Acetic acid, Zinc salt
Acetic acid, Zinc(II) salt
3D model (JSmol)
|E number||E650 (flavour enhancer)|
CompTox Dashboard (EPA)
|Molar mass||219.50 g/mol (dihydrate)|
183.48 g/mol (anhydrous)
|Appearance||White solid (all forms)|
|Density||1.735 g/cm3 (dihydrate)|
|Melting point||Decomposes at 237 °C (459 °F; 510 K) (dihydrate loses water at 100 °C)|
|43 g/100 mL (20 °C, dihydrate)|
|Solubility||1.5 g/100 mL (methanol)|
|−101.0·10−6 cm3/mol (+2 H2O)|
|Main hazards||mildly toxic|
|R-phrases (outdated)||R22 R36 R50/53|
|S-phrases (outdated)||S26 S60 S61|
|Basic beryllium acetate|
Except where otherwise noted, data are given for materials in their standard state (at 25 °C [77 °F], 100 kPa).
|what is ?)(|
Zinc acetate is a salt with the formula Zn(CH3CO2)2, which commonly occurs as the dihydrate Zn(CH3CO2)2·2H2O. Both the hydrate and the anhydrous forms are colorless solids that are commonly used in chemical synthesis and as dietary supplements. Zinc acetates are prepared by the action of acetic acid on zinc carbonate or zinc metal. When used as a food additive, it has the E number E650.
Dietary and medicinal applications
Zinc acetate has been used in lozenges for treating the common cold. Zinc acetate can also be used to treat zinc deficiencies. As an oral daily supplement it is used to inhibit the body's absorption of copper as part of the treatment for Wilson's disease. Zinc acetate is also sold as an astringent in the form of an ointment, a topical lotion, or combined with an antibiotic such as erythromycin for the topical treatment of acne. It is commonly sold as a topical anti-itch ointment.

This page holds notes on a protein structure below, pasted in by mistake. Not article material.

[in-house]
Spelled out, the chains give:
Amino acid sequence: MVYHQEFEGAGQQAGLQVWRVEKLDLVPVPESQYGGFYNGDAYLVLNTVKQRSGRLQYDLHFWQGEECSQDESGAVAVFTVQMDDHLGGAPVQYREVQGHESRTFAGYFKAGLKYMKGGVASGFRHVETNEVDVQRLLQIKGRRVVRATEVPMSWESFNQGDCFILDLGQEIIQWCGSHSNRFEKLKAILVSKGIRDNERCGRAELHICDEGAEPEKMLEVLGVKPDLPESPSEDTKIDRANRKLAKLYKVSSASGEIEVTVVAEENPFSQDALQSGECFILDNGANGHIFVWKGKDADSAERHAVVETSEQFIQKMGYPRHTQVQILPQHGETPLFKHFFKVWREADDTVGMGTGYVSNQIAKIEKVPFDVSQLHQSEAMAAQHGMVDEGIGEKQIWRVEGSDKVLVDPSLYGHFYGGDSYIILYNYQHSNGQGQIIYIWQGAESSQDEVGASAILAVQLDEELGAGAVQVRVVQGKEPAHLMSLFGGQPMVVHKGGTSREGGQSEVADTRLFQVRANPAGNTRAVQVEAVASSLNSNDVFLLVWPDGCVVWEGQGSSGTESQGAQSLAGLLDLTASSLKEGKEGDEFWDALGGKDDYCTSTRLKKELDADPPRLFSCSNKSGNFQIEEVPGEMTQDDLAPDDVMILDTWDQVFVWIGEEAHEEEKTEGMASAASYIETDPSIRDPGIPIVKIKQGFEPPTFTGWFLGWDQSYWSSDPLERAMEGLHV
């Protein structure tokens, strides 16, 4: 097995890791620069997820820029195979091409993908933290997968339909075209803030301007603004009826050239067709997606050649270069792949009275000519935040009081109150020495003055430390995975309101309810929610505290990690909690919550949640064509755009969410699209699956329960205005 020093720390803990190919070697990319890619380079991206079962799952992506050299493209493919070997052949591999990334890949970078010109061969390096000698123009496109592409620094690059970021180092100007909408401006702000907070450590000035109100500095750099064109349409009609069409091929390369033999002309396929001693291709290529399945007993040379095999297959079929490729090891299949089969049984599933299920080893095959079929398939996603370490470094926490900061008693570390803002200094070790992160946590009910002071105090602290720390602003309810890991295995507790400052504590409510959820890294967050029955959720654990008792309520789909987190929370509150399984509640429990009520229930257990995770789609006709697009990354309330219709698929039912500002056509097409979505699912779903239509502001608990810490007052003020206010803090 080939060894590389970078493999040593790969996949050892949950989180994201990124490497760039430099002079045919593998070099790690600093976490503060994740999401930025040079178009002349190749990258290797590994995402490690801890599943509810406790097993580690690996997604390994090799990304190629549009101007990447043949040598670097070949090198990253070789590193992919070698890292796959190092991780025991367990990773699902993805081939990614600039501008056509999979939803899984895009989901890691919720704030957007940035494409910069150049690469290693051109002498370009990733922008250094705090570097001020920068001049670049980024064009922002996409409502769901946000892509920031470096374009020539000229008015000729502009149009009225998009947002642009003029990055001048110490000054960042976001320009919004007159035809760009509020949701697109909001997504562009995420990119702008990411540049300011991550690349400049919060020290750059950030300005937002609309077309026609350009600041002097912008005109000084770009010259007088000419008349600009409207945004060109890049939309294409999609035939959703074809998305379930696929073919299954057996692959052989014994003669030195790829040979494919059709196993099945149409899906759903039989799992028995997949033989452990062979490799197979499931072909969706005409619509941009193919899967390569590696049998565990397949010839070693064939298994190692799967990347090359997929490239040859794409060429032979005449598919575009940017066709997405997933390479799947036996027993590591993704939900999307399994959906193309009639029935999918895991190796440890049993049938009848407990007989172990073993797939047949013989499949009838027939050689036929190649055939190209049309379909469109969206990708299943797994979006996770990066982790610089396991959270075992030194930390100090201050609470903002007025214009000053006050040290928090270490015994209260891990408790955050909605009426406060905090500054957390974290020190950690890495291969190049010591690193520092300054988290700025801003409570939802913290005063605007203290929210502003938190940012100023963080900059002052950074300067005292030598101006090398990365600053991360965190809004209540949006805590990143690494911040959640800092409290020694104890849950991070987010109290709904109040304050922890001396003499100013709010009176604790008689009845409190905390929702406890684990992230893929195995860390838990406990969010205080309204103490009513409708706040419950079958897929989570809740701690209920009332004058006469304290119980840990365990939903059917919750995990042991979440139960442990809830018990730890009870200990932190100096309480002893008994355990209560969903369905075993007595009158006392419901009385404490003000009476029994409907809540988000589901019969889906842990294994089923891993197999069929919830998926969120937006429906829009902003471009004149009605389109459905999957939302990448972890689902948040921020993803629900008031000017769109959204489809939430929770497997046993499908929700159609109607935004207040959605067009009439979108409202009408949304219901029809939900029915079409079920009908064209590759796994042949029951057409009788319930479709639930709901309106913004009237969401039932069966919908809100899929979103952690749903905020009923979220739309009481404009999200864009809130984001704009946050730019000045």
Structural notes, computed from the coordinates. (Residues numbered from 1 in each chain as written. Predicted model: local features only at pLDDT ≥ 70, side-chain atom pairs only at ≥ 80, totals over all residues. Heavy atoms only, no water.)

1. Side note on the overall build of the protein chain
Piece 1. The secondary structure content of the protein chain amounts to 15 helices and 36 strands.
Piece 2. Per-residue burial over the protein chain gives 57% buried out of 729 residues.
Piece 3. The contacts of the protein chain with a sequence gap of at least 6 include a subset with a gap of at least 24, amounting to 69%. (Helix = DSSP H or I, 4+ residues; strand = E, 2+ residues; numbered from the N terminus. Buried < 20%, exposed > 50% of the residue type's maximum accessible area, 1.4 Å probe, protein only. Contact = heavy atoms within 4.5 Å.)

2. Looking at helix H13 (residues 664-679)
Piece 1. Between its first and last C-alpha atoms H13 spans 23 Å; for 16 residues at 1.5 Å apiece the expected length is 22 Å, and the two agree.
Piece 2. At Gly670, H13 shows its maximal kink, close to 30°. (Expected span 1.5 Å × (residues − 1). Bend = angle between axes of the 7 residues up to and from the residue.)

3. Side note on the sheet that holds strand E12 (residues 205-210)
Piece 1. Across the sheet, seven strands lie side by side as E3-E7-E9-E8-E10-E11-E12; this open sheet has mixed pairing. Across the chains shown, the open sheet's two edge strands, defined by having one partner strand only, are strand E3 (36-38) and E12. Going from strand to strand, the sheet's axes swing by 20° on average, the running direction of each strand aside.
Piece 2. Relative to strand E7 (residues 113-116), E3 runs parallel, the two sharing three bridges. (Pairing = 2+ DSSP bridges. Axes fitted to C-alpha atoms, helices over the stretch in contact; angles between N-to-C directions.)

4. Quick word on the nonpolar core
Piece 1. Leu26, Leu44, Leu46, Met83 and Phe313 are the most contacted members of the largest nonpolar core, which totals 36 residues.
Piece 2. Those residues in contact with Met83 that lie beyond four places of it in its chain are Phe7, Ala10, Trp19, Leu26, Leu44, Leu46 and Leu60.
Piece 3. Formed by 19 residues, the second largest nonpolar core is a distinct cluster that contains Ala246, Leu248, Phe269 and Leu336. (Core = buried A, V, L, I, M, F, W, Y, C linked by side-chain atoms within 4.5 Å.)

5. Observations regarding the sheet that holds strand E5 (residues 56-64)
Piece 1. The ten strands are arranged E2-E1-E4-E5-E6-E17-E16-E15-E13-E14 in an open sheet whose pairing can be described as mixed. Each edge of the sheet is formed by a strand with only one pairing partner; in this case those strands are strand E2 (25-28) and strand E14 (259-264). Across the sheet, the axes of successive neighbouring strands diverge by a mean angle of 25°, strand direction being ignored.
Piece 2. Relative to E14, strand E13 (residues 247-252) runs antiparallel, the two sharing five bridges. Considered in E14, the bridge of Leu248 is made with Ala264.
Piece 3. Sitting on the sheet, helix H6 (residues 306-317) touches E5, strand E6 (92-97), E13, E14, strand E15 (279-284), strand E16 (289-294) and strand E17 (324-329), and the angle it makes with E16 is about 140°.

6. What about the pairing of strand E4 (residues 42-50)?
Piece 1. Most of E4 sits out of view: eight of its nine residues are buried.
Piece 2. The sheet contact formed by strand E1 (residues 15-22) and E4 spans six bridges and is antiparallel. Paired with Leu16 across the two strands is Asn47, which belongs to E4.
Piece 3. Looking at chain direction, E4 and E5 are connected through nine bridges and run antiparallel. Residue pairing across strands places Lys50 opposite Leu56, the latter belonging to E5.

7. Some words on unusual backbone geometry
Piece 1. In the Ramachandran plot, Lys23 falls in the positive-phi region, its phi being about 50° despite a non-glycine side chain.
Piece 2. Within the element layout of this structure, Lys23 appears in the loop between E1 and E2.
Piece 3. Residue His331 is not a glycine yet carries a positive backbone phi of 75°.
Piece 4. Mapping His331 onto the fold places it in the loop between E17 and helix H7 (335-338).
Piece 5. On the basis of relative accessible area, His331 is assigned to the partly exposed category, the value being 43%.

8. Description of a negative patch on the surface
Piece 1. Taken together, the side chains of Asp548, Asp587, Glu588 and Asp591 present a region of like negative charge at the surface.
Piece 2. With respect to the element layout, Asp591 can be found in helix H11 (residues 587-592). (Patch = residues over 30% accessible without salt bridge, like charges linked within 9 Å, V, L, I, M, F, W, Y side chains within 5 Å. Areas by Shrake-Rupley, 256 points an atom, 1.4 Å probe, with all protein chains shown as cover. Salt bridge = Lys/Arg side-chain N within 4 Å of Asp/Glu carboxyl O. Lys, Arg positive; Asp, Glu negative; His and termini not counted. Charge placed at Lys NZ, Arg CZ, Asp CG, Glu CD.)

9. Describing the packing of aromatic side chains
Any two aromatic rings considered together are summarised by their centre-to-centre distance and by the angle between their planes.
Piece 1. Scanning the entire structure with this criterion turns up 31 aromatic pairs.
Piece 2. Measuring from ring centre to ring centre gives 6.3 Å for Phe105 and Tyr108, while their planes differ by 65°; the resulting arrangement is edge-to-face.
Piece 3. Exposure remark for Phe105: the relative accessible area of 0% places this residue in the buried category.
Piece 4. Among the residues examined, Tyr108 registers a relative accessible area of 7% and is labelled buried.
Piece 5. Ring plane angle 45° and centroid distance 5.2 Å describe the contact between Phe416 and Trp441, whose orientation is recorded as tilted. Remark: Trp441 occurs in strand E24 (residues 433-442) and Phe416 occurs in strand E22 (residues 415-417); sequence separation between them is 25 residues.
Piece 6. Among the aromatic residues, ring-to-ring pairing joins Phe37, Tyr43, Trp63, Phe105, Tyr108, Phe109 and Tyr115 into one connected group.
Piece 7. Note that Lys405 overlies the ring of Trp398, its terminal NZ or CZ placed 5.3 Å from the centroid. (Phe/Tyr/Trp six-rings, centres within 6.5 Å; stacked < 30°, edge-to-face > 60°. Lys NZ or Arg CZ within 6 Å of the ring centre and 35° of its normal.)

Industrial applications include wood preservation, manufacturing other zinc salts, polymers, manufacture of ethyl acetate, as a dye mordant, and analytical reagent. It is used in commercial nuclear power plants as a plating inhibitor on primary water piping.
Basic properties and structures
In anhydrous zinc acetate the zinc is coordinated to four oxygen atoms to give a tetrahedral environment, these tetrahedral polyhedra are then interconnected by acetate ligands to give a range of polymeric structures.
Basic zinc acetate
Heating Zn(CH3CO2)2 in a vacuum results in a loss of acetic anhydride, leaving a residue of basic zinc acetate, with the formula Zn4O(CH3CO2)6. This cluster compound has the tetrahedral structure shown below. This species closely resembles the corresponding beryllium compound, although it is slightly expanded with Zn-O distances ~1.97 vs ~1.63 Å for Be4O(OAc)6.
- Basic beryllium acetate - isostructural
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- van Niekerk, J. N.; Schoening, F. R. L.; Talbot, J. H. (10 September 1953). "The crystal structure of zinc acetate dihydrate, Zn(CH3COO)2.2H2O". Acta Crystallographica. 6 (8): 720–723. doi:10.1107/S0365110X53002015.
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